Tesla's much-hyped “Battery Day” failed to impress or deliver, among other things, a newer, cheaper, longer-range battery.
CEO Elon Musk laid out plans to produce a cheaper, lower-cost battery, build a $25,000 electric car and eventually produce 20 million vehicles a year - but not until 2023.
Tesla did unveil plans for a new battery cell and battery production line which the company believes will allow for 54% more range, reduce battery costs per kWh by 56%, and cut required investments by 69%.
However, the longer-term nature of those plans underwhelmed investors, who prior to the event had pushed Tesla stock up by more than 400% this year, with anticipation about the battery day fueling a large part of the gains.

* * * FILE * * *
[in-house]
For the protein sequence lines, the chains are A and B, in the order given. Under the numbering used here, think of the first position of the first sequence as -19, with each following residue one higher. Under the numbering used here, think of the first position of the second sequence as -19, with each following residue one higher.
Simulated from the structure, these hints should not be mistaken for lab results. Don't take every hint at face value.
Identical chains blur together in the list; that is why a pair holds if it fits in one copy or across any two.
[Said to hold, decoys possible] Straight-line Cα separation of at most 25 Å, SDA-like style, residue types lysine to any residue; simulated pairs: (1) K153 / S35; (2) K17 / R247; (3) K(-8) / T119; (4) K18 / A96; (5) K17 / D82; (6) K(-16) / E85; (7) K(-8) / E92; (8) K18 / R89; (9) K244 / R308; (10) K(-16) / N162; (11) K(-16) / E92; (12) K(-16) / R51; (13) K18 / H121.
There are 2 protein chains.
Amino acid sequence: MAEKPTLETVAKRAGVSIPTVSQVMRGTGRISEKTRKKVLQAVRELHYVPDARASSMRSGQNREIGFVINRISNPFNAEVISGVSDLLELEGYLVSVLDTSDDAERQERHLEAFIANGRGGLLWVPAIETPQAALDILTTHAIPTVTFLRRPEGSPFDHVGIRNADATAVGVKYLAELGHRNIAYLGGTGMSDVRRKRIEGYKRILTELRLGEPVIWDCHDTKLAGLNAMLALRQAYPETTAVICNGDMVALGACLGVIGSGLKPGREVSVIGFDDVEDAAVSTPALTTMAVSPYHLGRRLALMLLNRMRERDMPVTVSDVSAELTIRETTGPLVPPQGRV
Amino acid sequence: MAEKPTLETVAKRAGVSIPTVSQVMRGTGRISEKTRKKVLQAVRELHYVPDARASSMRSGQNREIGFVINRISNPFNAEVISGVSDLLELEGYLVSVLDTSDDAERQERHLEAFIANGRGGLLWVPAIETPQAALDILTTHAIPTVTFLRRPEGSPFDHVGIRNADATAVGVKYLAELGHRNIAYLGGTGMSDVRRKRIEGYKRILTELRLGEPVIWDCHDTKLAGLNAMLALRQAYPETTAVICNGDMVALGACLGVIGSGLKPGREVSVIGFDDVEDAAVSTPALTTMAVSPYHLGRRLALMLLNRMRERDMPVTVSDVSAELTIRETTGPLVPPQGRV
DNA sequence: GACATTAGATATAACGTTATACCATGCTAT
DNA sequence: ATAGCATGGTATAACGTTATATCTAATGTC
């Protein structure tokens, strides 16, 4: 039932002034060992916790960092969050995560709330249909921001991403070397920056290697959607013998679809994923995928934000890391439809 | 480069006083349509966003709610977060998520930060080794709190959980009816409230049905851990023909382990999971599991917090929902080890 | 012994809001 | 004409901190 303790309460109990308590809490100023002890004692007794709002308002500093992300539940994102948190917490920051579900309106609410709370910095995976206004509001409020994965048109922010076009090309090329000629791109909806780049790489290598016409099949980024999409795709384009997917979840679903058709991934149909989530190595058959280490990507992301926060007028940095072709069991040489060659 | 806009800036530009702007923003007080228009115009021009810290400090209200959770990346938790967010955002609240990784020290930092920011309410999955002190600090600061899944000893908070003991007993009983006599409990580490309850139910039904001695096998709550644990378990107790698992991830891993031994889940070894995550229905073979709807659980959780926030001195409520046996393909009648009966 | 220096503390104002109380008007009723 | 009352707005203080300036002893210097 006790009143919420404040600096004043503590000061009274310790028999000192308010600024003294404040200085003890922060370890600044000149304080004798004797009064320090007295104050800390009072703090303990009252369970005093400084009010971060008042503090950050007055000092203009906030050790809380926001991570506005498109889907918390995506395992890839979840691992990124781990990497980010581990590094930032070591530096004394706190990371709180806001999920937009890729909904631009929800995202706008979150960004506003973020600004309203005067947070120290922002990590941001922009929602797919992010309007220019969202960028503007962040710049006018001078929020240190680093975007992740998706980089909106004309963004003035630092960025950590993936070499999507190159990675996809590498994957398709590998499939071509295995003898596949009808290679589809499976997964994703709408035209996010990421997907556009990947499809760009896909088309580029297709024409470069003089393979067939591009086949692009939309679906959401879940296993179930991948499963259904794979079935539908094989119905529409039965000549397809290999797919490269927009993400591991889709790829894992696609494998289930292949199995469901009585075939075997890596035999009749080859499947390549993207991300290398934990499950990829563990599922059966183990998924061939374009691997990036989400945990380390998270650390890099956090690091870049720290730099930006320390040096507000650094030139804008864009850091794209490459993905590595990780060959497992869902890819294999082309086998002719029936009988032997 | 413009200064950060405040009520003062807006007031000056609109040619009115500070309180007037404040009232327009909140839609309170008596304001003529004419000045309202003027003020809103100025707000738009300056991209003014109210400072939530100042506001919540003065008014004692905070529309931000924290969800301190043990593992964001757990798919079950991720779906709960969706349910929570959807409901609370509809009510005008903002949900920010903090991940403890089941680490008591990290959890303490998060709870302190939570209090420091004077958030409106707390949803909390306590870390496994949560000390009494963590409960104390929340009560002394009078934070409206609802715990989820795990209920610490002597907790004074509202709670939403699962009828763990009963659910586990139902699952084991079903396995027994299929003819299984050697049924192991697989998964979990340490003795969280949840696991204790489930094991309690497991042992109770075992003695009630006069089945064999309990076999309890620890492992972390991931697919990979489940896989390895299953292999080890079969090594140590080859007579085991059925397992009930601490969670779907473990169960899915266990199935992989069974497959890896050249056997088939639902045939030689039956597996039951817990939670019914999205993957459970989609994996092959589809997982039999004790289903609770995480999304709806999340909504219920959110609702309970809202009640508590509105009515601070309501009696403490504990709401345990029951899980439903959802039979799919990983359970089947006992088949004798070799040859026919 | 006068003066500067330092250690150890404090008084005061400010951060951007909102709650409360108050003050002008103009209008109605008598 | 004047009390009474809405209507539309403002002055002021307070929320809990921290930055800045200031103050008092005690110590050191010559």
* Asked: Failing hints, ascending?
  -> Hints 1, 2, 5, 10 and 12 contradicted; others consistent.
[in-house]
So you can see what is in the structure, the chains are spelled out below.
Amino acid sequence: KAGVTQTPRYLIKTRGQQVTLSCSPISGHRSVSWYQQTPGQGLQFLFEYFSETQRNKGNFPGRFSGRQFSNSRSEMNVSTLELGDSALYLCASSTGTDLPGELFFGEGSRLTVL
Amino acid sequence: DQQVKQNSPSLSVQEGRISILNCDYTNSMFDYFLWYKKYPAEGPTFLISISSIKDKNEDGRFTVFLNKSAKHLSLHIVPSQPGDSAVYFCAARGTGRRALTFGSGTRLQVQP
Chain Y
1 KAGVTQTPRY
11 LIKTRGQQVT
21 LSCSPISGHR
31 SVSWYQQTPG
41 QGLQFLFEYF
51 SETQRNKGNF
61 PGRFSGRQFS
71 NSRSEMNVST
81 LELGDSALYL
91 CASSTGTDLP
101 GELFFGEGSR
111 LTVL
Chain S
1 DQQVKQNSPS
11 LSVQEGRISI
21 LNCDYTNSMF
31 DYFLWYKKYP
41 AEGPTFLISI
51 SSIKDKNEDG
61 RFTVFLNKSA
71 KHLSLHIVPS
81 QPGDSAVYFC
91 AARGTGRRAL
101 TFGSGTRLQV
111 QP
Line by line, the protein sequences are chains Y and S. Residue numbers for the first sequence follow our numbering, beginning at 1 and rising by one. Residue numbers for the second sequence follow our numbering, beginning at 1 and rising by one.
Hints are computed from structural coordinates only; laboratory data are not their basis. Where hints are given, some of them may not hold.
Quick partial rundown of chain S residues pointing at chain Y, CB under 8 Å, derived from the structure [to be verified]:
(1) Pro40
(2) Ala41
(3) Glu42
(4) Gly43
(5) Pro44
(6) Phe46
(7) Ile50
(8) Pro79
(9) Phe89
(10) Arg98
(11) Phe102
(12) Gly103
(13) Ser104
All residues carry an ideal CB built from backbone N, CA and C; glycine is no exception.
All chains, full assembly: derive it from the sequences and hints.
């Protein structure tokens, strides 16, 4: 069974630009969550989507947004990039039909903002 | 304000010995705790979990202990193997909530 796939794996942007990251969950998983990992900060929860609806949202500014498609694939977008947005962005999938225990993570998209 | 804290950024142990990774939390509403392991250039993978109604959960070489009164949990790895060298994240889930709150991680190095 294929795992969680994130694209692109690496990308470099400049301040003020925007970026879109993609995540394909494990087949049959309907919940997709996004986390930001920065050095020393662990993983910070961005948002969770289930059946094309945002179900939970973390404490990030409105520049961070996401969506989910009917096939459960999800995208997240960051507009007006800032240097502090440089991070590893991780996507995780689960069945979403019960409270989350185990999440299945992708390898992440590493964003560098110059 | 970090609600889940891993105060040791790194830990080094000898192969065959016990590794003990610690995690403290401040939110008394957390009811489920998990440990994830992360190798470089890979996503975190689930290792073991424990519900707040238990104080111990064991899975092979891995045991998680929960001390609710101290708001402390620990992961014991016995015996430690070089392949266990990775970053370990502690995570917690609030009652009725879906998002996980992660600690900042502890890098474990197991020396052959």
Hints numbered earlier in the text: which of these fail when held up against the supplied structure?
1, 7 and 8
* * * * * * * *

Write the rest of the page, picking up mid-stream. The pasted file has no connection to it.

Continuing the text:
All told, some $50 billion has been erased from Tesla’s market value as of Tuesday.
While Tesla's "Battery Day" event was generally well-received among analysts, investors were less sanguine, particularly given that no new battery was actually revealed at the event, and longer-term timelines for the development and rollout of one provided by Musk were opaque.
“The extreme difficulty of scaling the production of new technology is not well understood. It’s 1,000% to 10,000% harder than making a few prototypes,” Musk said. “The machine that makes the machine is vastly harder than the machine itself.”
Despite Wall Street's disappointment with the event, Jim Cramer said Musk revealed more than enough, citing a level of innovation that can't be found among the larger automakers.
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